Climbing Training with a Hangboard

I've had a Blank Slate and hangboard for a little over a year now, going through various periods of more-or-less actual rock climbing, so I'm going to take a look at how much I use the hangboard, on what schedule, and how.

Compared to Climbing

The first thing to note is that I actually get way more benefit from actually going climbing or bouldering (at a gym or outside) than using my hangboard. However, the hangboard has some really good benefits, especially in those times when you can't make it to the gym for a while. Here's a brief comparison (bold has the advantage):

Climbing Hangboard
Longer workout Shorter workout
Full body Arms/fingers only
Expensive/recurring One-time purchase
Time consuming Very quick
Improves technique Strength/grip only
Improves technique Strength/grip only
More fun A bit boring
Requires pants Does not require pants

Note that I have the advantage to both, in different lines for Improves Technique compared to Strength/grip Only. This is because there are times when I want to only focus on improving strength and grip. In any case, having the hangboard is a great supplement to climbing, but certainly no replacement. Because arm and grip strength are so vital to climbing, having the hangboard to train with during times when I can't get to the gym helps keep at least two skills from deteriorating completely. It's also not a silver bullet for strength - there are lots of muscle positions and directions that you really can't emulate when not on a wall or rock.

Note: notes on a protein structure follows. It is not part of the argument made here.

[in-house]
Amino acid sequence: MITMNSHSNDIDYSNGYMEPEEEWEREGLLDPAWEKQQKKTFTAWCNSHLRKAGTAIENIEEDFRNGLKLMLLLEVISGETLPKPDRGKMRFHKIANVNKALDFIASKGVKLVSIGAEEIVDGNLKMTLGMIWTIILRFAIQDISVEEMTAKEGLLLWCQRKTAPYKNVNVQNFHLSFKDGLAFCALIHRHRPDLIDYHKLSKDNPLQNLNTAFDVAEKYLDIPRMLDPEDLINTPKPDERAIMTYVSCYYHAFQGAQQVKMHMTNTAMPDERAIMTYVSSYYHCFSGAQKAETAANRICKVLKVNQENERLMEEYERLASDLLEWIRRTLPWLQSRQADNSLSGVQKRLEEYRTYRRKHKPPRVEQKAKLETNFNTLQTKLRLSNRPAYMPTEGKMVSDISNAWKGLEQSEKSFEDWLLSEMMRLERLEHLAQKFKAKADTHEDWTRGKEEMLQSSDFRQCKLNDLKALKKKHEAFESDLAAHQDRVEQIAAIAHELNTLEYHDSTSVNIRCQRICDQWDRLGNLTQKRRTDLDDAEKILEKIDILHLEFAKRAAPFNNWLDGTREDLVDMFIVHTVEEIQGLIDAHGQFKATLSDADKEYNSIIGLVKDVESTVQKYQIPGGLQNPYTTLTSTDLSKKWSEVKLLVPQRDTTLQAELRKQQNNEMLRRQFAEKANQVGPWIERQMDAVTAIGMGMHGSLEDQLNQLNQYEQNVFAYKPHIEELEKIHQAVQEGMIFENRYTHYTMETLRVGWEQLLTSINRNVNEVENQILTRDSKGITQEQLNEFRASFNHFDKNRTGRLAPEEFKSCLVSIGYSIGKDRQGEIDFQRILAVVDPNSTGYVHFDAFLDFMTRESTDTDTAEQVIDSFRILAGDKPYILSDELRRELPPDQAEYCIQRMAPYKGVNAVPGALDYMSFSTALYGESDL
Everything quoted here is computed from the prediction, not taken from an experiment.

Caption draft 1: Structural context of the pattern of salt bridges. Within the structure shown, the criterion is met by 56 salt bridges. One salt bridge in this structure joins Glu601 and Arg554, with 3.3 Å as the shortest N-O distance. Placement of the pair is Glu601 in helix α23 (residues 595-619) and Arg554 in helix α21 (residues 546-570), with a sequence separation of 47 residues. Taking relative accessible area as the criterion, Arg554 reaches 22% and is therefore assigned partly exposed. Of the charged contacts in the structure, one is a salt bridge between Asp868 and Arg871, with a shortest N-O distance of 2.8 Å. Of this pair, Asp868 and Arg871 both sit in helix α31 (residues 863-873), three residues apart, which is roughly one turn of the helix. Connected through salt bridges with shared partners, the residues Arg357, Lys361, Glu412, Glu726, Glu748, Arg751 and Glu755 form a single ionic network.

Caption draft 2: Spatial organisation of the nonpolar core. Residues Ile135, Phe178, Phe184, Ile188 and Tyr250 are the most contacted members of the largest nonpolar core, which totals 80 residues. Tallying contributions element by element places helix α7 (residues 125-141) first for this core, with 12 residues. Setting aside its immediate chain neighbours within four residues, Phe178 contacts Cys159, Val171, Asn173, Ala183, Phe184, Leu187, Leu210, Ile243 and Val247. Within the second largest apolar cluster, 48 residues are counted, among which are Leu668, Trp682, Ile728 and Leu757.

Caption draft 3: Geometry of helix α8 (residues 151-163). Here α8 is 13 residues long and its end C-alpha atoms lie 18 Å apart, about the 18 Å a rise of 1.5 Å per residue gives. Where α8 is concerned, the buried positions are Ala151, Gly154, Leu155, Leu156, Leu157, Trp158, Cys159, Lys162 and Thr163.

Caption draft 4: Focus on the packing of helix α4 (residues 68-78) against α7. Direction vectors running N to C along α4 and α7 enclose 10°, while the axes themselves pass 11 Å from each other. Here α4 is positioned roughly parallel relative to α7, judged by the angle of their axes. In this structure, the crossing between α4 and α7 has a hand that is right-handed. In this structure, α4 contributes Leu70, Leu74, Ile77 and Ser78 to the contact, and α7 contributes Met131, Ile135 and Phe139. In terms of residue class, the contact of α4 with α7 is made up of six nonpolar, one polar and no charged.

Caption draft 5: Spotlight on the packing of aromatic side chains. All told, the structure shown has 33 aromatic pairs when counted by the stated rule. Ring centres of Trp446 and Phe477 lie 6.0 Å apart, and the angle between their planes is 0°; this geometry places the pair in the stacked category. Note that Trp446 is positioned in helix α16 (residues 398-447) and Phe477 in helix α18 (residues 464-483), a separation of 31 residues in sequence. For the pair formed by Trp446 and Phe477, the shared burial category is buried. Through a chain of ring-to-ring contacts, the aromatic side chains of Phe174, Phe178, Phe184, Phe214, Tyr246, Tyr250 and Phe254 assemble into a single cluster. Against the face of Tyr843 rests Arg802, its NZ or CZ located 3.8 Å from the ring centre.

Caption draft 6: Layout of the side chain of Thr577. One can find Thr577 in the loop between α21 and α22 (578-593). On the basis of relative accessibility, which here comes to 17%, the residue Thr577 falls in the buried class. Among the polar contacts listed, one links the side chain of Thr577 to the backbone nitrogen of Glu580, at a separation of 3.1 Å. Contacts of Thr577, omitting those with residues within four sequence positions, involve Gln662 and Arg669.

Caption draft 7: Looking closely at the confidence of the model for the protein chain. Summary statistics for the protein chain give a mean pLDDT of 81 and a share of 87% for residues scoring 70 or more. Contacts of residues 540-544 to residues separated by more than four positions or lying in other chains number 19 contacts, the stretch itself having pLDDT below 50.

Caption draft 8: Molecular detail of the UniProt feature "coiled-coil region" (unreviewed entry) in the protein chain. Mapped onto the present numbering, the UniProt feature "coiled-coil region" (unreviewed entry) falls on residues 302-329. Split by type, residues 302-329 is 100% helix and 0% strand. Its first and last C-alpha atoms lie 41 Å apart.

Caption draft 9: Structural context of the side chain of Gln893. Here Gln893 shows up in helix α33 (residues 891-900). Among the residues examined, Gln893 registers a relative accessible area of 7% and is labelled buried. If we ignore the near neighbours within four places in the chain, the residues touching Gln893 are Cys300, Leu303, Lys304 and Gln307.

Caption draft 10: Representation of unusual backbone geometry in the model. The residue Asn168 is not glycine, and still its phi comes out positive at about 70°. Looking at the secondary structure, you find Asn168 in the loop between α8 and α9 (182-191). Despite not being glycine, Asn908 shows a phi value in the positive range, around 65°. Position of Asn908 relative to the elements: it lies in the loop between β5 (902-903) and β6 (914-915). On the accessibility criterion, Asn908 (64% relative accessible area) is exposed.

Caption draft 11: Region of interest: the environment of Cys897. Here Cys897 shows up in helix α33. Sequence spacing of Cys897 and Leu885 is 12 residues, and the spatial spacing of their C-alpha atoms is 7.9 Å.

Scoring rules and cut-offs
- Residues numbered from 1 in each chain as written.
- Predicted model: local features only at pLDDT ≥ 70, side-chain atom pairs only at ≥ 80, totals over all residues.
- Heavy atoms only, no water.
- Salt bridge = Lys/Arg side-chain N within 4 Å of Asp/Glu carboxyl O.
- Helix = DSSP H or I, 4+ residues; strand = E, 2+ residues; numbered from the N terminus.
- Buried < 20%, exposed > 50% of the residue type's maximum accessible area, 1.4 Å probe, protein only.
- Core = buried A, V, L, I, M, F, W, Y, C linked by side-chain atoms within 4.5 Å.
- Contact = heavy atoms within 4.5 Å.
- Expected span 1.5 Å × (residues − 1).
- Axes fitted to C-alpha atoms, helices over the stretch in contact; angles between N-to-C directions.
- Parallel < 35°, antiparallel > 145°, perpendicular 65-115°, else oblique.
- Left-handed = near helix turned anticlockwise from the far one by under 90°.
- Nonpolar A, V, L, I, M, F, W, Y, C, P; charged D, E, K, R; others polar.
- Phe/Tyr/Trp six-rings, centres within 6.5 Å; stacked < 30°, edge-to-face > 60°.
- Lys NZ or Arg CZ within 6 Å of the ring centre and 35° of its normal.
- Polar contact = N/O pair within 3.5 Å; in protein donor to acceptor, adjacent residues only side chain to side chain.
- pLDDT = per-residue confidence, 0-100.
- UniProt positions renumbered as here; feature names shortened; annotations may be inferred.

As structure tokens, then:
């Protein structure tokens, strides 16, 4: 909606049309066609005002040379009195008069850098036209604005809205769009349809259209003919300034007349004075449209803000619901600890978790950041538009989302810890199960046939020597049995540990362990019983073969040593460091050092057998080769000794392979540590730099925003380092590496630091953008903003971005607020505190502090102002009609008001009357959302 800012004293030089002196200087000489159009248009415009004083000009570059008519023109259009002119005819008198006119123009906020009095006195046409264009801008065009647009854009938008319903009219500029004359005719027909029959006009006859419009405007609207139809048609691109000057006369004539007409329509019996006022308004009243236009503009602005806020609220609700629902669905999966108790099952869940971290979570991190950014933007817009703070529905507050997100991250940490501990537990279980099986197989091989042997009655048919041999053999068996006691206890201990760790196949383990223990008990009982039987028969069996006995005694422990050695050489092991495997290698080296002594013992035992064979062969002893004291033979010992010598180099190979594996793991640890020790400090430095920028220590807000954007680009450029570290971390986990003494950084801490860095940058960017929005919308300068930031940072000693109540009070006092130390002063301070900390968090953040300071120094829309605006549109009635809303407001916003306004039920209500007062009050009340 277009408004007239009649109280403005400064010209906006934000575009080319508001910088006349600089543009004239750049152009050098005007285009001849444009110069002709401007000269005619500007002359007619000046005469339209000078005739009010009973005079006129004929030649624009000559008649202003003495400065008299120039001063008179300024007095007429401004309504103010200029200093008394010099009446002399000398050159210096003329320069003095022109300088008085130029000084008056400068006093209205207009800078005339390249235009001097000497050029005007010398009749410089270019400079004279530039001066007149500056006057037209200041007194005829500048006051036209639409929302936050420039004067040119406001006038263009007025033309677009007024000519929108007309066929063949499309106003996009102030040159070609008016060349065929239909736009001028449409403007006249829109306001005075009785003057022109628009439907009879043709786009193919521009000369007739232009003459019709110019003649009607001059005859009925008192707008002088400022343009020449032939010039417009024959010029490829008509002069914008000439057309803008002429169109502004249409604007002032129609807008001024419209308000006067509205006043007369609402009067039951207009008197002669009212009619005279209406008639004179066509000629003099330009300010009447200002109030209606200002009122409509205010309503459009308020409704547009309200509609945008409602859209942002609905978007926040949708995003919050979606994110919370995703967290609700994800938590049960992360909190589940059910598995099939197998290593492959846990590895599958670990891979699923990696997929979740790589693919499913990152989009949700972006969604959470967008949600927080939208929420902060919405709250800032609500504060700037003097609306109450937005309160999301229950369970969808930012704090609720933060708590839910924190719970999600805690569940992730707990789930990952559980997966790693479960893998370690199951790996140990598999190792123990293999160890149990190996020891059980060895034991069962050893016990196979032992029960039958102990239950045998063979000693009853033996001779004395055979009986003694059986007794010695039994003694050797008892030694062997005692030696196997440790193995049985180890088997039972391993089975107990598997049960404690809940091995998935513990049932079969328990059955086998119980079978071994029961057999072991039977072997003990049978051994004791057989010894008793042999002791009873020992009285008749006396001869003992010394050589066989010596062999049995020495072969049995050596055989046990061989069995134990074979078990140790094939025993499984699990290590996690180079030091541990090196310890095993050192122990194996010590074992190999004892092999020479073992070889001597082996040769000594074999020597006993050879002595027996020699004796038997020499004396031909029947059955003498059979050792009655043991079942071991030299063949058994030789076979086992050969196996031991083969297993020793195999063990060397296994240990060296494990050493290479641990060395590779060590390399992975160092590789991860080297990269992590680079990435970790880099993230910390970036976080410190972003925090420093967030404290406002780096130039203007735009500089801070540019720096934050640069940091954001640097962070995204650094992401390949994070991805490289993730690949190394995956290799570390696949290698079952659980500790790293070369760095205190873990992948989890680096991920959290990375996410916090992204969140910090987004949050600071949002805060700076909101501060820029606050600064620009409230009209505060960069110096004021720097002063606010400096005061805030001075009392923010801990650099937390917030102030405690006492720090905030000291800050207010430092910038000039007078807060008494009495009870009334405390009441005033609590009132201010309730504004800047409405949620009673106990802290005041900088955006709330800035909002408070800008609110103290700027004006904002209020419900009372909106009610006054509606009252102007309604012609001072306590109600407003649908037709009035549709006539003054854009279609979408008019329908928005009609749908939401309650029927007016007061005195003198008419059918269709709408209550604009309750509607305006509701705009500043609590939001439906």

I try to go to my climbing gym about twice a week. If schedule allowed, I'd probably go every two days or so. Going more than one day in a row results in a diminished workout on the subsequent days, about half the time, so I try to leave a day of rest (this includes staying off the hangboard). When I go, I climb for about two hours, staying active at least 75% of the time (sitting/resting between climbs is crucial).

The short answer to "how often do you use your hangboard?" is: Not very, if I can go to the gym; otherwise, about every other day.

When I can't make it to the gym, I have a brief, 20-40 minute workout on my hangboard. Sometimes I'll follow a specific routine, and other times I'll just wing it. If I'm winging it, I'll use a variety of grips, alternate between pull-ups, dead-hangs (arms fully extended, hang for 10-40 seconds), and static lock-offs (arms bent, muscles contracted, hang for 10-30 seconds). I combine it with push ups and brief periods of rest.

Sometimes I'll get out a couple clips and a short piece of rope and practice clipping the rope while hanging from one hand. This helps build clipping skill (critical for lead climbing, and not as easy as it sounds), as well as helps calm your body while putting all of your weight on one hand/arm, building strength.

Side note: A really good trait of a good climbers is quietness and calmness. If your feet are banging on the walls and you're scrambling, you probably aren't in control and deliberate with your motions, and you won't climb as well.

Sometimes, when training on my hangboard, I'll follow Audrey's 10 Minute Fingerboard Workout, which was posted at Metolius Climbing, and designed by Audrey Sniezek, a world class climber who also happens to work at Microsoft on lots of big teams and projects (she's a hero of mine). Here's a snapshot workout:


It only takes around 10 minutes, but it's very intense and effective. I haven't done this lately, but when I didn't have a gym membership, this helped keep me strong.